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Cadmium in Dried Mushroom

Cadmium in Dried Mushroom


(CMA Testing and Certification Laboratories)

On 11 Feb 2015, the Centre for Food Safety (CFS) announced that two dried mushroom samples exported from China were detected with toxic metal “cadmium”, at levels (0.13 – 0.15 ppm) exceeding the legal limit (0.1 ppm).

Benefits and Risks of Edible Mushroom

Edible mushrooms have long been considered as delicious and health foods. For example, shiitake mushroom (Lentinula edodes) is a very common festive food in the Chinese New Year.

Mushrooms are widely consumed because of their high nutrition values, such as high protein, vitamin (e.g. B1, B2, C & D), fiber (e.g. beta-glucan) and mineral (e.g. iron, zinc & selenium) contents, as well as low calories.

However, several species of mushrooms are known to be capable of accumulating high levels of toxic contaminants including cadmium from their growing environment.


Toxicity of Cadmium

Cadmium is a heavy metal of particular concern. It is particularly toxic to kidneys and bones, and can impair human health. Therefore, maximum permitted levels for cadmium in foodstuffs have been set by different countries. In Hong Kong, the legal limit of cadmium in “cereal and vegetables” is 0.1 ppm.

Sources of Cadmium

Cadmium is a naturally occurring element. It can enter the environment (air, water and soil) in many ways. Human activities like metal mining and burning of coal can release cadmium into the air. Cadmium can also enter water via industrial wastewater discharge. Morever, cadmium can pollute soil due to release of car exhaust, fertilizer usage, and the deposition from the air.

Cadmium in the environment may be finally taken up and accumulated in plants growing there. The concentrations of cadmium in mushrooms can vary widely by countries and geographic regions, depending on their contamination levels.

Dietary Intake of Cadmium

Generally speaking, food is the major source of cadmium for the general population.

The reported levels of cadmium in most food categories are low (0.0001 to 0.04 ppm). However, certain foods including wild mushrooms can contain high levels of cadmium. The cadmium level in dried mushroom samples announced by the CFS was up to 0.15 ppm.

In order to assess the adverse health impact caused by consumption of a mushroom product, we should not only look at the level of cadmium in mushroom, but also the quantity of the food consumed.

The reported mean cadmium exposure in adults at different countries/regions ranged from 2.2 to 12.0 µg kg-1 body weight per month. This is below the safety reference value (Tolerable Monthly Intake TMI) of 25 µg kg-1 body weight established by JECFA.

However, the possibility of exceeding TMI depends on personal dietary habits and cadmium level in foods. For example, individuals who frequently eat food (e.g. mushroom) grown in heavily contaminated soil may be at increased risk of adverse renal effects caused by cadmium.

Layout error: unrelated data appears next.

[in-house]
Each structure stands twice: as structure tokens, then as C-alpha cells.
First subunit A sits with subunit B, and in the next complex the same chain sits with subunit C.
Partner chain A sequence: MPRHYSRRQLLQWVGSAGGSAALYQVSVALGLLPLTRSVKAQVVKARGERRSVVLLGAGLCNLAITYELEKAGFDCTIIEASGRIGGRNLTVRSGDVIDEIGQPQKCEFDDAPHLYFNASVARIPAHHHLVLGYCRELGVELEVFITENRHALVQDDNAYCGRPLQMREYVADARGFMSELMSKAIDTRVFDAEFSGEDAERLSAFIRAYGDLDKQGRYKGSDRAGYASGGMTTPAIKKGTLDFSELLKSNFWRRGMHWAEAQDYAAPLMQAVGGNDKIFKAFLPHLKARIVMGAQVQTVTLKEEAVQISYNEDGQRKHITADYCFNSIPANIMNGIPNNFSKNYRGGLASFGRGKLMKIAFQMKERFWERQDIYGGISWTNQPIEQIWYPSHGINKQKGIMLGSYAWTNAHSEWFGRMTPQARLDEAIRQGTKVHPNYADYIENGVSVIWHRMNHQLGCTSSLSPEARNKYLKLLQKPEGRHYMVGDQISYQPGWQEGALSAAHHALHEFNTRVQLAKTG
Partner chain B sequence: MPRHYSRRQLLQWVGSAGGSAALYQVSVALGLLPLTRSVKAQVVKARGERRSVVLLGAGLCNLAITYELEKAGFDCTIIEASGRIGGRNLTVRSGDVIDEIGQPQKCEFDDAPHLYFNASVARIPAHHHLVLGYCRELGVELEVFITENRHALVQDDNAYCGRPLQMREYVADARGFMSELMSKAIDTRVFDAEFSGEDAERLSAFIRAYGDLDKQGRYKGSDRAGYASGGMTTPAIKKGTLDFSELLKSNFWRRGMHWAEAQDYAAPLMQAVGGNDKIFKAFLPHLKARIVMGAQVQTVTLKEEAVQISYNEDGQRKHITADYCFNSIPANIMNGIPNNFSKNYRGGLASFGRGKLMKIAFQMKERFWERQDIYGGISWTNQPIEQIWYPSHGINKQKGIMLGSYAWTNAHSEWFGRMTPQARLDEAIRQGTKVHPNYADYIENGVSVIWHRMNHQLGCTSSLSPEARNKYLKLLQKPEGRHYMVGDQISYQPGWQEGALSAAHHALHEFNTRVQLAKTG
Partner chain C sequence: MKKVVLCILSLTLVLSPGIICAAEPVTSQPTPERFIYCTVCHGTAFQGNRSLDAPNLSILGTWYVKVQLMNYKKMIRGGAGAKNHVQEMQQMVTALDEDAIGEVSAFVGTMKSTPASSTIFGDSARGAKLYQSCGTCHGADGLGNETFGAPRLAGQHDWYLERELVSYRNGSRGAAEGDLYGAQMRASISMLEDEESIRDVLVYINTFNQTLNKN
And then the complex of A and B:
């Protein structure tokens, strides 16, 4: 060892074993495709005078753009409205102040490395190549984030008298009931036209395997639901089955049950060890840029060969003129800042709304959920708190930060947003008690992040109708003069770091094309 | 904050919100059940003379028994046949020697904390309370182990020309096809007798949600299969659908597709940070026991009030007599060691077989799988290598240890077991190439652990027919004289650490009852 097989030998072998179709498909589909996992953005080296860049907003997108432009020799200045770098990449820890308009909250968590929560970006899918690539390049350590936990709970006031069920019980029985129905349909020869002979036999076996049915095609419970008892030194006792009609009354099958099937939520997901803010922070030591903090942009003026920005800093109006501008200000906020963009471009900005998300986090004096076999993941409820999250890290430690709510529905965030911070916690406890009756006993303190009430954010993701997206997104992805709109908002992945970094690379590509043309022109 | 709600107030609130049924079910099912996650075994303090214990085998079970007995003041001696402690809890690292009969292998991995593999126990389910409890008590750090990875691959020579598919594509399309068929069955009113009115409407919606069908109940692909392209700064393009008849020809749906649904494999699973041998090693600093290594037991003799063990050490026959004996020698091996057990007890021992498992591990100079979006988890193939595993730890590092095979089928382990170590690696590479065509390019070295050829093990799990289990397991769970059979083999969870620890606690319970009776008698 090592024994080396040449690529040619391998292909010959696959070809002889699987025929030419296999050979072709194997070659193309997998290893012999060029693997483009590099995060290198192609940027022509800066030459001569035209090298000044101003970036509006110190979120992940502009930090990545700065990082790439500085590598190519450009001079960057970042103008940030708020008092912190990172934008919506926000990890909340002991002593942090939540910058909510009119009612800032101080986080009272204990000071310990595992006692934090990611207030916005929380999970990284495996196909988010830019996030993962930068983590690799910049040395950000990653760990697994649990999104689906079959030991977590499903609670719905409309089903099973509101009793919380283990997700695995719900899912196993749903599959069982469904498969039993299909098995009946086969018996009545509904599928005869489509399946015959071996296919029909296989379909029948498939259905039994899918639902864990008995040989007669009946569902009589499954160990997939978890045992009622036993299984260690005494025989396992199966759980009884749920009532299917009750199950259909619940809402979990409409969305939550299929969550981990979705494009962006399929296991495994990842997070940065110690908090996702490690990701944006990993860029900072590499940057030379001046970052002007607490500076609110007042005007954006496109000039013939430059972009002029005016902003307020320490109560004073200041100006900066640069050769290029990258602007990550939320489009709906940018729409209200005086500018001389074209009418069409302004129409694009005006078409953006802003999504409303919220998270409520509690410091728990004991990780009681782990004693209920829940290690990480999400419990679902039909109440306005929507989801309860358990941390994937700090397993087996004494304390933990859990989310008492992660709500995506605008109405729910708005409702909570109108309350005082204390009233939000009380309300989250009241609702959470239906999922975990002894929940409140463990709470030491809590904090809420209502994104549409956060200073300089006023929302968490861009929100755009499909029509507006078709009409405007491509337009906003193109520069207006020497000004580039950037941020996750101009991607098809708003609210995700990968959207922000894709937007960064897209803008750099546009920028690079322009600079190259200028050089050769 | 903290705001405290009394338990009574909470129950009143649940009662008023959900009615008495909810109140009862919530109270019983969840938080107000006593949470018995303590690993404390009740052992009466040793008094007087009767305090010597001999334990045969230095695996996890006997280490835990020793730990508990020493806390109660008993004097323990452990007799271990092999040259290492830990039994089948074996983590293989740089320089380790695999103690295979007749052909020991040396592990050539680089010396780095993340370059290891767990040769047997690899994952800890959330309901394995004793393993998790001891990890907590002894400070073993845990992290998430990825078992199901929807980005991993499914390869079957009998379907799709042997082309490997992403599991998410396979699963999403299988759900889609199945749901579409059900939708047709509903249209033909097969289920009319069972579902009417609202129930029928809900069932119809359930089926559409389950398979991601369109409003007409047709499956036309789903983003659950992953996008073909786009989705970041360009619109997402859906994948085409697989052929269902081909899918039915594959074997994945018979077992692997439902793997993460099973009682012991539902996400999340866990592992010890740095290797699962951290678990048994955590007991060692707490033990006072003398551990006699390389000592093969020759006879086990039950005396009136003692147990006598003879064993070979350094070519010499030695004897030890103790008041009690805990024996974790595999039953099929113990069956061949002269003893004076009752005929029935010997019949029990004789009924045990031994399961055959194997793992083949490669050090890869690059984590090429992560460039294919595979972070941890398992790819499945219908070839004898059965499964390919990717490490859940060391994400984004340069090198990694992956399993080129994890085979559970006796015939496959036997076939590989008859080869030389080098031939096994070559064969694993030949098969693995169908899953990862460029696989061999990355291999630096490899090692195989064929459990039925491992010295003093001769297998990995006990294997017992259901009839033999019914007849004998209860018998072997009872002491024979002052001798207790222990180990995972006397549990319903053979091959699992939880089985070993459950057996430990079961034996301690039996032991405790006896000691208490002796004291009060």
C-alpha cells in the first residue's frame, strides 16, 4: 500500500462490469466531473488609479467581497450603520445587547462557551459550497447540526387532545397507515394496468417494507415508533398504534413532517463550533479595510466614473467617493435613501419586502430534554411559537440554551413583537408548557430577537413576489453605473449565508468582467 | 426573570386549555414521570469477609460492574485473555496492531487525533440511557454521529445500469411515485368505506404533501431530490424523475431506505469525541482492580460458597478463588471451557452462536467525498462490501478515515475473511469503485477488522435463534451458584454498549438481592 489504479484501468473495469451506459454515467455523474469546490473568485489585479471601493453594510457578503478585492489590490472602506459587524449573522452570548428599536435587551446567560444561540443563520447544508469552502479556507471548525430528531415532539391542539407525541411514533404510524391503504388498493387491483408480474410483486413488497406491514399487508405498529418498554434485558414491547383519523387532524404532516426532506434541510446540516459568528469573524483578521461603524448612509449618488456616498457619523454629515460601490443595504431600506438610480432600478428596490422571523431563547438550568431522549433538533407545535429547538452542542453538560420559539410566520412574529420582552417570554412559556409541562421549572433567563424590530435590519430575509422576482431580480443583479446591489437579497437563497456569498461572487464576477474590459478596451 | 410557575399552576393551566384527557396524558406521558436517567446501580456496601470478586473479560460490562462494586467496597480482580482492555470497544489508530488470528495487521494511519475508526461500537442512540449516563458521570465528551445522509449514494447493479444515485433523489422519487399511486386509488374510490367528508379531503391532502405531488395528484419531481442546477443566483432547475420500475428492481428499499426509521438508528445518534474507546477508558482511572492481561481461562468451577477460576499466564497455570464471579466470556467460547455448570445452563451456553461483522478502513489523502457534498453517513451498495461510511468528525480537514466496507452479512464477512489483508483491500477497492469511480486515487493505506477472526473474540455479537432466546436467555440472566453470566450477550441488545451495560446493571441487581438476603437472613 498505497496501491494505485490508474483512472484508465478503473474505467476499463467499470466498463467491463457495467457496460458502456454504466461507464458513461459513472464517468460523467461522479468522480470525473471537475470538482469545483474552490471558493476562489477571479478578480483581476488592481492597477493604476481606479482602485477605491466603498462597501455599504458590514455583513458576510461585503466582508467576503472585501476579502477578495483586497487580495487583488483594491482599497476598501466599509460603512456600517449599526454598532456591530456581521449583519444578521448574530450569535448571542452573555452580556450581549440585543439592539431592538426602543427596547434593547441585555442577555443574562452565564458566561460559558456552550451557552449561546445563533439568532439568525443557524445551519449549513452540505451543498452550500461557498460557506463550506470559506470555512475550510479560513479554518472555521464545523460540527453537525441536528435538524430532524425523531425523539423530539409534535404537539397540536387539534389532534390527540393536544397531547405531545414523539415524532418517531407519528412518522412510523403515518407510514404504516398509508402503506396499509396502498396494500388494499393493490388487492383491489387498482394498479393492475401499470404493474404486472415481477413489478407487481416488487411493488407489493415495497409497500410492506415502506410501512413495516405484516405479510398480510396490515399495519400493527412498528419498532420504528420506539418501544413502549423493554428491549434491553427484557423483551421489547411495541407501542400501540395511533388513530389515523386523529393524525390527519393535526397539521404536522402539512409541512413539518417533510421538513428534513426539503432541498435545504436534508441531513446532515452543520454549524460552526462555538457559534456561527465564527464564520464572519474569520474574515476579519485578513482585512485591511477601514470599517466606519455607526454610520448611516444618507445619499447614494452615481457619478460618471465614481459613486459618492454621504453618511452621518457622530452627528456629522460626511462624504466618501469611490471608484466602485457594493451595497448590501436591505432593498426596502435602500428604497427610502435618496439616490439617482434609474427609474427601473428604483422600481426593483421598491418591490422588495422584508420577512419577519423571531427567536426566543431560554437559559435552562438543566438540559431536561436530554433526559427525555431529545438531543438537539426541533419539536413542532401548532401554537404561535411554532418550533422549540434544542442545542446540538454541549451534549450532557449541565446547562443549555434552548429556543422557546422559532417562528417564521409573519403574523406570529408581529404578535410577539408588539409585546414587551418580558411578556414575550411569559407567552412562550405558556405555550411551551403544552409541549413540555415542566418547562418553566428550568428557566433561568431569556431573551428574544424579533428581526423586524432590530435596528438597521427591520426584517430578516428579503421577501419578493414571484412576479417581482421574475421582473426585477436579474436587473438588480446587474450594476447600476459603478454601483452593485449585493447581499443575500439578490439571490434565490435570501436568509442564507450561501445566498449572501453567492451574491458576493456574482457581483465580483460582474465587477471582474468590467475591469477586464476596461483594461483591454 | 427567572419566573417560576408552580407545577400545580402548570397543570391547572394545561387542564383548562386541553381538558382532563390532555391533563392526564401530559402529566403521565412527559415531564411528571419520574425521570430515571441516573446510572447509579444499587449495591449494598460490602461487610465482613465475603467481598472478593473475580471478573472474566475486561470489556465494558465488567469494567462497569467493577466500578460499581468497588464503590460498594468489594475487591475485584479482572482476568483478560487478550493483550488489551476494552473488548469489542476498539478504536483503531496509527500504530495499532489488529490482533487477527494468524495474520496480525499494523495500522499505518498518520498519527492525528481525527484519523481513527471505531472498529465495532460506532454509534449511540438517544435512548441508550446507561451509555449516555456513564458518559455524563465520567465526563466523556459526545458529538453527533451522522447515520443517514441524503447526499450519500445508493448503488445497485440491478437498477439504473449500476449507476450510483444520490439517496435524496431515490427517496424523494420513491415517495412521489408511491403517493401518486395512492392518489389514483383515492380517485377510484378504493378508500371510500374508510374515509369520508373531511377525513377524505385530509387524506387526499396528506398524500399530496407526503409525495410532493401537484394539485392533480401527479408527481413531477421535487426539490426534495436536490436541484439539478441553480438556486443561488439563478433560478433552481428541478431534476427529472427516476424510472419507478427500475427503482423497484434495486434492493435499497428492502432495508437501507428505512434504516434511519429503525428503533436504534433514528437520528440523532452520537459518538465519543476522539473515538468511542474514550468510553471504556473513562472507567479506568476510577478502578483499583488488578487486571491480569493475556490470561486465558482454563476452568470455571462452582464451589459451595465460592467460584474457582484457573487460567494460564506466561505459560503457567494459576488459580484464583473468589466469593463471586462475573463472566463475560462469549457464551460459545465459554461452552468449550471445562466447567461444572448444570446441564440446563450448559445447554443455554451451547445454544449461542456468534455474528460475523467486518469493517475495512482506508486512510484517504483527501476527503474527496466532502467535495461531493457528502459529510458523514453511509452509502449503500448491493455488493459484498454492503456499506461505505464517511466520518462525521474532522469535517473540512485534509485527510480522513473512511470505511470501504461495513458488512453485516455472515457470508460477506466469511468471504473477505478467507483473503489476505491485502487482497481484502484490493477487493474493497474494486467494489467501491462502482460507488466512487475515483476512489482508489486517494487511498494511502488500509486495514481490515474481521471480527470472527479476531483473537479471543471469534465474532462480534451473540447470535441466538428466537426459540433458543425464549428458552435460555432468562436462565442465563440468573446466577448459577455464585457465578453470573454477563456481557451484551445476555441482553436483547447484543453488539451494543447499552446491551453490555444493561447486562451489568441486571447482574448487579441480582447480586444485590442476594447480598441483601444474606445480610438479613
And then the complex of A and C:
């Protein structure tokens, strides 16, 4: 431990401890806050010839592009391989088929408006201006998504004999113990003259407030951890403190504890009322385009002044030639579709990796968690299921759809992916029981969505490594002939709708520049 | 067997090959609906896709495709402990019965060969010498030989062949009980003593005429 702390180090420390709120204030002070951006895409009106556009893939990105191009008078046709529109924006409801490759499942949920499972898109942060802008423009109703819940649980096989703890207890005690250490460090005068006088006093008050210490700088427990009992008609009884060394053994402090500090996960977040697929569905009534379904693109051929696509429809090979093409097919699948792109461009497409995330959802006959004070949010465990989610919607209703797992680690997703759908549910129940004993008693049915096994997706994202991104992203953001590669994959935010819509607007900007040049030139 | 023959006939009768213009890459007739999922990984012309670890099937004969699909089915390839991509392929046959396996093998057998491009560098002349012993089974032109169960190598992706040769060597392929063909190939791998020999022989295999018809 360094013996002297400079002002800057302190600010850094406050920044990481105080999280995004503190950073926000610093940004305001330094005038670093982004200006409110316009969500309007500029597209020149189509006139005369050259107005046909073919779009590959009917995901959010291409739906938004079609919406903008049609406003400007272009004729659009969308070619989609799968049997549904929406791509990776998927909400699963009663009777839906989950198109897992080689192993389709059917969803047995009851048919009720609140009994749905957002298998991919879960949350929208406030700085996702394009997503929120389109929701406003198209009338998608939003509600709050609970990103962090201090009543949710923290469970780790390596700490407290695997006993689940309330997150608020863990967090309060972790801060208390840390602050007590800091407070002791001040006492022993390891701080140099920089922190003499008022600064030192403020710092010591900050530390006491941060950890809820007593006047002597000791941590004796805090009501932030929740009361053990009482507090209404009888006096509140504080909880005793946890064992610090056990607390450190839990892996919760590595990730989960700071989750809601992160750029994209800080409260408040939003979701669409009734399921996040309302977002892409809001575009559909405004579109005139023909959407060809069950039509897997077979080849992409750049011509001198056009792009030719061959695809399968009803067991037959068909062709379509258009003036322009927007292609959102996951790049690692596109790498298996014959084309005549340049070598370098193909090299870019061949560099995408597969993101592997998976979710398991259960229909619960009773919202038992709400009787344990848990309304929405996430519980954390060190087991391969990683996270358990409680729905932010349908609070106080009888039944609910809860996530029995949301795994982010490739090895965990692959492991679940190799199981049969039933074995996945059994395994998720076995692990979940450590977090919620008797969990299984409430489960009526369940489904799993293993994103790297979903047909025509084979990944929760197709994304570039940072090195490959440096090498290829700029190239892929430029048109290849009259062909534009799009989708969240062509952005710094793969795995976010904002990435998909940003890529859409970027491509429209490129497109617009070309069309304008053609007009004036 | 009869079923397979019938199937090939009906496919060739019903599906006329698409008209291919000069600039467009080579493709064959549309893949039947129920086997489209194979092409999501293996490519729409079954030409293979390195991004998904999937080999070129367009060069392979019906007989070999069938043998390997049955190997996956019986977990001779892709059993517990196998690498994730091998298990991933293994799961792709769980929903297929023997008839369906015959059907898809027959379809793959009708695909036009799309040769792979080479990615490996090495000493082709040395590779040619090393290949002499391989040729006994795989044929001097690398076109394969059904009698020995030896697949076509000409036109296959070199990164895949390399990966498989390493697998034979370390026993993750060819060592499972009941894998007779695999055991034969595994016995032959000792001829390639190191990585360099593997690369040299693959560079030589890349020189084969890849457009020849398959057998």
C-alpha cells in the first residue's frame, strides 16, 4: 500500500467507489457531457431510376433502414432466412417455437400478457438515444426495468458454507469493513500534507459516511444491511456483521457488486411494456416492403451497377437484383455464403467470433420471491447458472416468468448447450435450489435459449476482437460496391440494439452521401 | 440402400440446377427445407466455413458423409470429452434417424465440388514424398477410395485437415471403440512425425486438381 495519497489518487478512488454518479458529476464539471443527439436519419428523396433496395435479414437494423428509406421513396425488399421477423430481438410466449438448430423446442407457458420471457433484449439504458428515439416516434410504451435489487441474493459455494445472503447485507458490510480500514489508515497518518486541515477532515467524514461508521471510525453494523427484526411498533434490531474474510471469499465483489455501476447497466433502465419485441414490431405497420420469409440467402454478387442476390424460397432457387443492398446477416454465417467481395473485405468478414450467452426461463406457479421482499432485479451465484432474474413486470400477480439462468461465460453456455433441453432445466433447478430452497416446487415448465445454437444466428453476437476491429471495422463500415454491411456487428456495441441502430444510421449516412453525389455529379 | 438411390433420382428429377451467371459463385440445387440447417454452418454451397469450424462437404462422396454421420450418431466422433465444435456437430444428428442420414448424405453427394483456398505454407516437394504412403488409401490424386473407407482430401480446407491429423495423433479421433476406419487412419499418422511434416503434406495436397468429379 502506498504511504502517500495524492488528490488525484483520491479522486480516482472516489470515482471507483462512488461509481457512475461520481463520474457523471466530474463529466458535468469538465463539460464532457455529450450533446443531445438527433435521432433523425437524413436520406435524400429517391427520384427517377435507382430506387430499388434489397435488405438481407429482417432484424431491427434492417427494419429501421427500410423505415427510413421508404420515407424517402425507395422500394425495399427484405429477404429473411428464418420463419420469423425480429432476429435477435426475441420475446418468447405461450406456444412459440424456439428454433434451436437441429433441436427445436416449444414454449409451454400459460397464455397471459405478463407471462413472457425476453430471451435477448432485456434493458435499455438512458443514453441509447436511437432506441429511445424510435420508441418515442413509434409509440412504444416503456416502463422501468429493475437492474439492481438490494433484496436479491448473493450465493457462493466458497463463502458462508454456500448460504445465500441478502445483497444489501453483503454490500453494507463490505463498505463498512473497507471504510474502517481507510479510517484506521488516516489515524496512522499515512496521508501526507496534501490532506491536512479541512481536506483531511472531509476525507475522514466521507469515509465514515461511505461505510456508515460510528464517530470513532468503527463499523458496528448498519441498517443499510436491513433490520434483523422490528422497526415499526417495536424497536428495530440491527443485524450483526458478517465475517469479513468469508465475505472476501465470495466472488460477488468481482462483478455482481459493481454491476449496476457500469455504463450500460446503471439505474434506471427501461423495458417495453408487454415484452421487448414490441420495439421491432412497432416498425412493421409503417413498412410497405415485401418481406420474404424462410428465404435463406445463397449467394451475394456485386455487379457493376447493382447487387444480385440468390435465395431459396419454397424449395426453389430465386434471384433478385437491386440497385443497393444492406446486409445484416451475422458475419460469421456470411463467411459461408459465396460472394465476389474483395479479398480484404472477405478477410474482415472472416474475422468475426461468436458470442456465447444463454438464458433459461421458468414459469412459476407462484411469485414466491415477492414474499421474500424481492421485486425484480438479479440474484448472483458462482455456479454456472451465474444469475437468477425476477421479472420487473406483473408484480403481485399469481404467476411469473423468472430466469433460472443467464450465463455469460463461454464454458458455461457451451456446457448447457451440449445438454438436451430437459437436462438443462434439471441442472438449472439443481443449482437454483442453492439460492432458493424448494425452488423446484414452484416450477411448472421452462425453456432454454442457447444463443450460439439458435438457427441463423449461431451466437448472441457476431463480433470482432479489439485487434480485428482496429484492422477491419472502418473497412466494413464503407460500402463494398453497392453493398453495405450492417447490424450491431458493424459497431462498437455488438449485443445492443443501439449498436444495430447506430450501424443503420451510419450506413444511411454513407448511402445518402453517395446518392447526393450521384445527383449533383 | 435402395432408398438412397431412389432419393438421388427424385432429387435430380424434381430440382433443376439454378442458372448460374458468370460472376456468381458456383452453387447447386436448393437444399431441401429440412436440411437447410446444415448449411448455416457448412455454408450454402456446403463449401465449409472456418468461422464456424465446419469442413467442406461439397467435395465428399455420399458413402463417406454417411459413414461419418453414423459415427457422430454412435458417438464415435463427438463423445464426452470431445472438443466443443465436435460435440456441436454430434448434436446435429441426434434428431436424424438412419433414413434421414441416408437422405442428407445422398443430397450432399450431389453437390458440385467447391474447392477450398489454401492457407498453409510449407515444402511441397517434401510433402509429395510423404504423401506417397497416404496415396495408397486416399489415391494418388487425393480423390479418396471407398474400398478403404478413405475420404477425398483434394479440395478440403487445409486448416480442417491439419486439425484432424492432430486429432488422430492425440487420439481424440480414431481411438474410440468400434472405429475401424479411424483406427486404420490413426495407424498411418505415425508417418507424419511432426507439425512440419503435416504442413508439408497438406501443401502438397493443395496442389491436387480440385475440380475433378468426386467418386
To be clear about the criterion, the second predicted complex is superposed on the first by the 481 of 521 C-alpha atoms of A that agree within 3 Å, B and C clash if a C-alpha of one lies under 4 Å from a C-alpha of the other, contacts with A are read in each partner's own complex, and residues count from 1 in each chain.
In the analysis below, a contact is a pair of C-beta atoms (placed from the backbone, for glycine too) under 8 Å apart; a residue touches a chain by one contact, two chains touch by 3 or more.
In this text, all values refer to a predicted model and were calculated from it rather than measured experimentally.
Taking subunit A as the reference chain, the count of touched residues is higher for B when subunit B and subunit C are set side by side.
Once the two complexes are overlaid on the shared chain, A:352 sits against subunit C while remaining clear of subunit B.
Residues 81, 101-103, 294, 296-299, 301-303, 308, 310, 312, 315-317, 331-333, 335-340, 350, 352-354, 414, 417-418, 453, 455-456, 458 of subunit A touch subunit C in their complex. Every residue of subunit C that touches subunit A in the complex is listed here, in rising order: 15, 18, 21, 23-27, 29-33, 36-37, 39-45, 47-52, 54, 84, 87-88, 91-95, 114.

Safeguard Food Safety of Edible Mushroom

i. Food Safety Assurance at Source

The problematic mushroom products announced by the CFS came from China. As such, the Mainland authorities should investigate the areas where mushroom is cultivated and harvested, and ensure they are fit for production and free from heavy metal (and other pollutant) contamination.

In addition, all exporting farms should adopt Good Agricultural Practice (GAP) as a food safety assurance tool for safe mushroom production.

ii. Supplier Audit

Local food trade especially importers should also take appropriate affirmative steps for food product sourcing. Importer must understand the potential hazards and regulatory standards associated with mushroom products, and ensure their suppliers (e.g. Mainland farmers) are able to supply product meeting the legal requirements.

As such, suppliers should be on-site audited from time to time and then ranked. Those suppliers providing occasional substandard products should be audited more frequently, or no longer used.


(Food Safety News, 2012)

Indeed, more and more big companies choose to employ independent assessor to perform food audits on their food suppliers. By doing so, an independent and impartial assessment can be done without deploying tremendous internal resources of the companies.

iii. Imported Food Testing

Testing of imported mushroom is not the sole responsibility of the government. Importers are recommended to obtain assurances that the mushroom products they import are safe, wholesome and of acceptable quality, and meeting the legal requirements.

Food testing at the import level is therefore essential for verifying food products are “good”. Please note that testing of mushroom should not be limited to cadmium. This is because other food safety hazards can also be found in mushrooms at various points along the production, handling and marketing chain: 1) microorganisms (e.g. pathogenic bacteria); 2) chemicals (e.g. heavy metal lead, pesticide residues and toxins) and 3) physical hazards (e.g. foreign objects like glass).

As such, the trade should prepare an annual risk-based testing plan for their imported foods, clearly indicating the types and frequencies of tests to be conducted, and review suitability of the plan periodically.

Wish you a Healthy, Happy and Fruitful Year of the Ram!